When Ben Rivers decided to earn a master's degree in music composition at California State University, East Bay, he knew his college experience would be different from most.
“WHEN I LEARNED HOW MUCH I DIDN’T KNOW, I KNEW I WOULD NEED FURTHER EDUCATION TO CREATE MUSIC TO THE LEVEL OF QUALITY THAT WOULD SATISFY BOTH MYSELF AND MY AUDIENCES.”
In 2001, the Nevada City, California, native began experiencing the early symptoms of young-onset Parkinson's disease. Since then, Rivers, 47, has learned to live with the tremors, loss of balance, and difficulty moving that are the hallmarks of this progressive neurological disorder.
That means everyday tasks like walking to class and jotting down lecture notes often take him much longer, testing his patience and stamina.
"That first quarter, I was constantly feeling overwhelmed," recalls Rivers, who started classes at CSU East Bay in fall 2015.
"I kept thinking, 'This is too hard. I won't make it.' How can I type when I have hands that just won't do it? How can I do library research when I can't pull the books off the shelves?"
Through the campus's Accessibility Services office and state and federal assistance, Rivers has access to tutors who type for him and software that reads textbooks aloud.
"If it weren't for these resources, I would be graduating in 10 years instead of three," he says. His goal is to complete the graduate music composition program at East Bay in spring 2018.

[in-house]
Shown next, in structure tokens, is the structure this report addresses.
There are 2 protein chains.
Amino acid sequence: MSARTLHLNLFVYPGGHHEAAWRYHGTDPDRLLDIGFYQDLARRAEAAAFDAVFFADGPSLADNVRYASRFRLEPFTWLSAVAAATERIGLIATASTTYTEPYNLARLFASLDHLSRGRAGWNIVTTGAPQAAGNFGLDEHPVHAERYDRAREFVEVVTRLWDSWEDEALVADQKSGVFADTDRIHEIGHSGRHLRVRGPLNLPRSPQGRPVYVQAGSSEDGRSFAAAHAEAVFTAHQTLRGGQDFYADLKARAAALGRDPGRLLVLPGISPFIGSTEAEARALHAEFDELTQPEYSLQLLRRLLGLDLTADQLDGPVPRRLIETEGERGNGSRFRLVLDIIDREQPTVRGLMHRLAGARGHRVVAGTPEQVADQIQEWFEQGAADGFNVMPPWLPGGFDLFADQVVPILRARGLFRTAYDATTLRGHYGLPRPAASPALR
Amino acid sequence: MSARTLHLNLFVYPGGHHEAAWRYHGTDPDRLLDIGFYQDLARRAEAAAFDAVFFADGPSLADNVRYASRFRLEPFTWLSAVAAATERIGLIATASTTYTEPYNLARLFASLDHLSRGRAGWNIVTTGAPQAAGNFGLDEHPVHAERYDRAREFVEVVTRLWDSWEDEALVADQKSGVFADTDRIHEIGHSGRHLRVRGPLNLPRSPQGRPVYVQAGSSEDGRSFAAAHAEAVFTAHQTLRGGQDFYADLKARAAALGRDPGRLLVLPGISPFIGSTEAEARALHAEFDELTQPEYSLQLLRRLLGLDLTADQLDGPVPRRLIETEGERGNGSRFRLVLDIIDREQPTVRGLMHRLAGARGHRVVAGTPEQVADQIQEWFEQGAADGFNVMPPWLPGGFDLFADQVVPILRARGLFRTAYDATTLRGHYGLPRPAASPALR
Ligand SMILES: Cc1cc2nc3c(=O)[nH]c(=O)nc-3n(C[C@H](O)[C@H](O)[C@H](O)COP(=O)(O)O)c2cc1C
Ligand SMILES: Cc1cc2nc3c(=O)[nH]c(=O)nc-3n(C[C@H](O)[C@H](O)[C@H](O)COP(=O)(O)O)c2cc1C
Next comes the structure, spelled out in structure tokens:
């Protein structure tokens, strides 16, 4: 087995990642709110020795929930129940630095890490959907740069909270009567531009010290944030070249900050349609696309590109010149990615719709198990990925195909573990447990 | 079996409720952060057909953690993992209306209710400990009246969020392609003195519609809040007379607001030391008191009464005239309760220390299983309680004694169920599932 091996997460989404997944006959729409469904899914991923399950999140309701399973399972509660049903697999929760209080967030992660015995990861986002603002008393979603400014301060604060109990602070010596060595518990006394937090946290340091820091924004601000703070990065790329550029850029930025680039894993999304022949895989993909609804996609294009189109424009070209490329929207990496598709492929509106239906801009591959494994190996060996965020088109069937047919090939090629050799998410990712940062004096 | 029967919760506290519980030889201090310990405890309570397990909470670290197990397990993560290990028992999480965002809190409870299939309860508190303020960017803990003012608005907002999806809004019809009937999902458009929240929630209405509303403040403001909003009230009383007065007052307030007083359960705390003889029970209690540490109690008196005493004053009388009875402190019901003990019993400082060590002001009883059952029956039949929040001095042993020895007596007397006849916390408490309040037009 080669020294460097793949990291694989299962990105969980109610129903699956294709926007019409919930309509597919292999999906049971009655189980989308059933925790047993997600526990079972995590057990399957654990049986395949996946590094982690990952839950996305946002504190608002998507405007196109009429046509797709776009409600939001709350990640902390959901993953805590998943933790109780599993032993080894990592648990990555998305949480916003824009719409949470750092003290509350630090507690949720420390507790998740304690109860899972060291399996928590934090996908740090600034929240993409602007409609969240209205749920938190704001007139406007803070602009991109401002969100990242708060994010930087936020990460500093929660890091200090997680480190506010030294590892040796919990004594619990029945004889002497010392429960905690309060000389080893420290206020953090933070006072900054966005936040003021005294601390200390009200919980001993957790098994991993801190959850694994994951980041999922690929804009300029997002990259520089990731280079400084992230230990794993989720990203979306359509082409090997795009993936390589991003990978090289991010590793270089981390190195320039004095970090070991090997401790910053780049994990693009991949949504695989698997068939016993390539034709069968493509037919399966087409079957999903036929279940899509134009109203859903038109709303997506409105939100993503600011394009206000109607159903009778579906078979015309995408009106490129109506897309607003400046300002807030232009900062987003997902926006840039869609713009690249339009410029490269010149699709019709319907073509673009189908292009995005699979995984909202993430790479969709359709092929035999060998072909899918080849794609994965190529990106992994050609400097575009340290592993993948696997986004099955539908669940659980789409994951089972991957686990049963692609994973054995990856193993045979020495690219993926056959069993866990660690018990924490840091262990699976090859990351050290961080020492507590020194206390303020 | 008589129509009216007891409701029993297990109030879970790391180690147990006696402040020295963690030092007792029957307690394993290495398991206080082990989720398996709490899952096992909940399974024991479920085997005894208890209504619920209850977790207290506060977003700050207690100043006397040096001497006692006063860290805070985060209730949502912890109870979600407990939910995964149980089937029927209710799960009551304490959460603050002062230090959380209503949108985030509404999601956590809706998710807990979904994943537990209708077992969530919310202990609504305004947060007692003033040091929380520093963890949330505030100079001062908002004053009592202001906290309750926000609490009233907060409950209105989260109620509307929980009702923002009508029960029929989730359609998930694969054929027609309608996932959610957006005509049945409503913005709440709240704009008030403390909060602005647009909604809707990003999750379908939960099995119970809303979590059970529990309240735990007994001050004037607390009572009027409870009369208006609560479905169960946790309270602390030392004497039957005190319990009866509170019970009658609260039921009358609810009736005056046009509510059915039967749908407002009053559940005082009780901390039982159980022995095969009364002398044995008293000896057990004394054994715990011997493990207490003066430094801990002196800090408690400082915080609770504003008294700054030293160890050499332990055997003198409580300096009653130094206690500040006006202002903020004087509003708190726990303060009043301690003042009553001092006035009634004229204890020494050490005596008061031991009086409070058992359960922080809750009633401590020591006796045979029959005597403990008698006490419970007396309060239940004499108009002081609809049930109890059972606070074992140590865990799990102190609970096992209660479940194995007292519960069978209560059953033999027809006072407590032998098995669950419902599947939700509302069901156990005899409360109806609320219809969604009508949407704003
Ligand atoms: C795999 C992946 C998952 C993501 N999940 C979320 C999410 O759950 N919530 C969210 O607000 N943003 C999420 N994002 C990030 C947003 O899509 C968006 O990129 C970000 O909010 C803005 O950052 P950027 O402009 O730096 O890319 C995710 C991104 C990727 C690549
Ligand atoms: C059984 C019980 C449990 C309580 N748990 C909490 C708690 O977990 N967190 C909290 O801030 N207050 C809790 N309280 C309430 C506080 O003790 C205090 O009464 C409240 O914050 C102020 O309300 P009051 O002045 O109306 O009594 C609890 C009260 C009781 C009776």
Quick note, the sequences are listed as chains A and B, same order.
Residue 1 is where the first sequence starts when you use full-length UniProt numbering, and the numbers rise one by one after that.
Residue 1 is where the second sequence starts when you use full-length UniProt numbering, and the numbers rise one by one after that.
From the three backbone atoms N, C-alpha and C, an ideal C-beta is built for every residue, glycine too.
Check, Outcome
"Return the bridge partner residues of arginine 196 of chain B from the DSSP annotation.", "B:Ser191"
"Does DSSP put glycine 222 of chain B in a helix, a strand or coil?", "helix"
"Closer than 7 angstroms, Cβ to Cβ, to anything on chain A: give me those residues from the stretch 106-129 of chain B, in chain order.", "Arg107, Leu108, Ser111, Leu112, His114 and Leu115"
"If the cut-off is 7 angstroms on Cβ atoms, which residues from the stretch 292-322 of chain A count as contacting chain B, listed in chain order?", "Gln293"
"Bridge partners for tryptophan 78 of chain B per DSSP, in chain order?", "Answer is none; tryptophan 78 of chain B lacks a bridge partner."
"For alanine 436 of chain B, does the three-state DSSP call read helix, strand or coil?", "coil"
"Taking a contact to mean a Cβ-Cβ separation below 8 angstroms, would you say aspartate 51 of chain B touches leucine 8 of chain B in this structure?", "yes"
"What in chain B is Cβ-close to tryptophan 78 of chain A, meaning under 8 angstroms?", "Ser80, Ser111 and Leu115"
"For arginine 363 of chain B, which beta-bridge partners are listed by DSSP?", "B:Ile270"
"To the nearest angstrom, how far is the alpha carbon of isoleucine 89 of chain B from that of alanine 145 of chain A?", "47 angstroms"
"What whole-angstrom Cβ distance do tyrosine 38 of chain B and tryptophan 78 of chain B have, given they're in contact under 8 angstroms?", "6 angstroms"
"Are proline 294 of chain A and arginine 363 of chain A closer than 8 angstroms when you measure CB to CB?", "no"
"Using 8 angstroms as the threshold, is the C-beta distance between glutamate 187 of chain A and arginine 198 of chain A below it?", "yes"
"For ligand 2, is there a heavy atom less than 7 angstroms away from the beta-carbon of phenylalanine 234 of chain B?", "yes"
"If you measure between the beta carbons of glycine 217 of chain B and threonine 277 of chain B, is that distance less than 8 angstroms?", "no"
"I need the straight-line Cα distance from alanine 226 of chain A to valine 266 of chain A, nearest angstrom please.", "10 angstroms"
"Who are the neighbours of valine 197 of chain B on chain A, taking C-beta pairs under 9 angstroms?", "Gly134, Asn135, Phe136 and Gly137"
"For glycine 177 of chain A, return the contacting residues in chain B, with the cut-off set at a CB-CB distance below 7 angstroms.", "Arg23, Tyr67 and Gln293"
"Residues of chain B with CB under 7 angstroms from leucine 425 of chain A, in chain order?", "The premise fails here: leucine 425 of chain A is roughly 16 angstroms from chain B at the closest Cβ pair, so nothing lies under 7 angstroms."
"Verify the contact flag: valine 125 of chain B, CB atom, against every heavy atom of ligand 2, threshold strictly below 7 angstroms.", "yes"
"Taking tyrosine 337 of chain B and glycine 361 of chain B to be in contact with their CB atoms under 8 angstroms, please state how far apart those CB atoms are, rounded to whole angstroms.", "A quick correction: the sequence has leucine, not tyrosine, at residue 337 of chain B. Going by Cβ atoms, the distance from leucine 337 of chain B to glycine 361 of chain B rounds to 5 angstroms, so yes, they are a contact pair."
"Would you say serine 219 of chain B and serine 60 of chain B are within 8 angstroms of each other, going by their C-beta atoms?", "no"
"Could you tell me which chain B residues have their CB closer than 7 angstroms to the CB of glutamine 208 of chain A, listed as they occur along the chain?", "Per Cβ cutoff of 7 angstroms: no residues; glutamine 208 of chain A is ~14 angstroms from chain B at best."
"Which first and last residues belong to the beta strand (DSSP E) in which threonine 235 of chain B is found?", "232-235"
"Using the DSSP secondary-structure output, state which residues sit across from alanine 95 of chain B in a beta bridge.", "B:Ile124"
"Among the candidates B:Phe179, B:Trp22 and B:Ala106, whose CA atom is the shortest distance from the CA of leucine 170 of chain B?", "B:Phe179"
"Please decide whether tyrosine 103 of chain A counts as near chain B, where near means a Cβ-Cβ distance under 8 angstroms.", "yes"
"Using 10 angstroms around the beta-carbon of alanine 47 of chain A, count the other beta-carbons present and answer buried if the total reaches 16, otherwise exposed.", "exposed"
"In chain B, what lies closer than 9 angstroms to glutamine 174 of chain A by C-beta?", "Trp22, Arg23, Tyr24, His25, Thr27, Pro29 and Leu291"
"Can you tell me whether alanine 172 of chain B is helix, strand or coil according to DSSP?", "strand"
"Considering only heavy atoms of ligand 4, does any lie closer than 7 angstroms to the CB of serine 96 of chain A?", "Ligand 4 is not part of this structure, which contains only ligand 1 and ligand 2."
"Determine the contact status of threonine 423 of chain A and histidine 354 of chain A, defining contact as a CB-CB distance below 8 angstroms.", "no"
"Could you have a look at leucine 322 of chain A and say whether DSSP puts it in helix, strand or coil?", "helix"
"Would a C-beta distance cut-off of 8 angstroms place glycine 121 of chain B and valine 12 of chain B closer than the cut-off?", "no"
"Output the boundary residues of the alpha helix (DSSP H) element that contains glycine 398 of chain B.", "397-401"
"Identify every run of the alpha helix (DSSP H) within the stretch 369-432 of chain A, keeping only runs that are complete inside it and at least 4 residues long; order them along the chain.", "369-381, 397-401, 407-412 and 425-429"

Labeling his work "a fusion of music genres," Rivers' musical inspirations are wide and varied; he cites Beethoven, Mozart, Balinese and Persian music, The Beatles, and Radiohead as influences.
Listening to a Passion
Growing up, Rivers — who played the piano and Irish tin whistle, and took singing lessons as a child — regarded music mostly as a hobby, never seriously considering that he might turn his love of sound and rhythm into a career.
So after graduating with a bachelor's in sociology from Brandeis University, he worked at a nonprofit for six years. When the company relocated, he moved to Thailand, something he'd long wanted to do.
That wasn't the only life-changing experience he was about to have, though.
Around the same time, Rivers, then in his early 30s, began experiencing the early signs of Parkinson's. He was finally diagnosed with the disease at the age of 41. (When the diagnosis is given before the age of 50, the disorder is called young-onset Parkinson's.)
Rivers' three-year stay in Thailand transformed his outlook on his illness.
"I had all the challenges of Parkinson's — and in a foreign country," he says. "Living there, surrounded by a Buddhist culture, caused me to reflect in entirely new ways. In that culture, non-attachment to gain and loss is a cultural value, and suffering is — to a greater degree than in the U.S. — accepted as a part of life. This leads to a realization that life should be lived moment to moment with a focus on those things that are truly important. This outlook allowed me to ask myself what mattered most to me, and what I wanted to do with my life. Music was it."
'A Musical Tradition Embodied and Expressed'
That perspective keeps Rivers moving toward his degree, even on days that can be full of profound physical challenges.
"I'm seeing not just the beauty of music history, but the benefits of incorporating music history into my perspective and work," he shares. "When we hear something on the radio, we are hearing a musical tradition embodied and expressed, and there is so much that goes into that."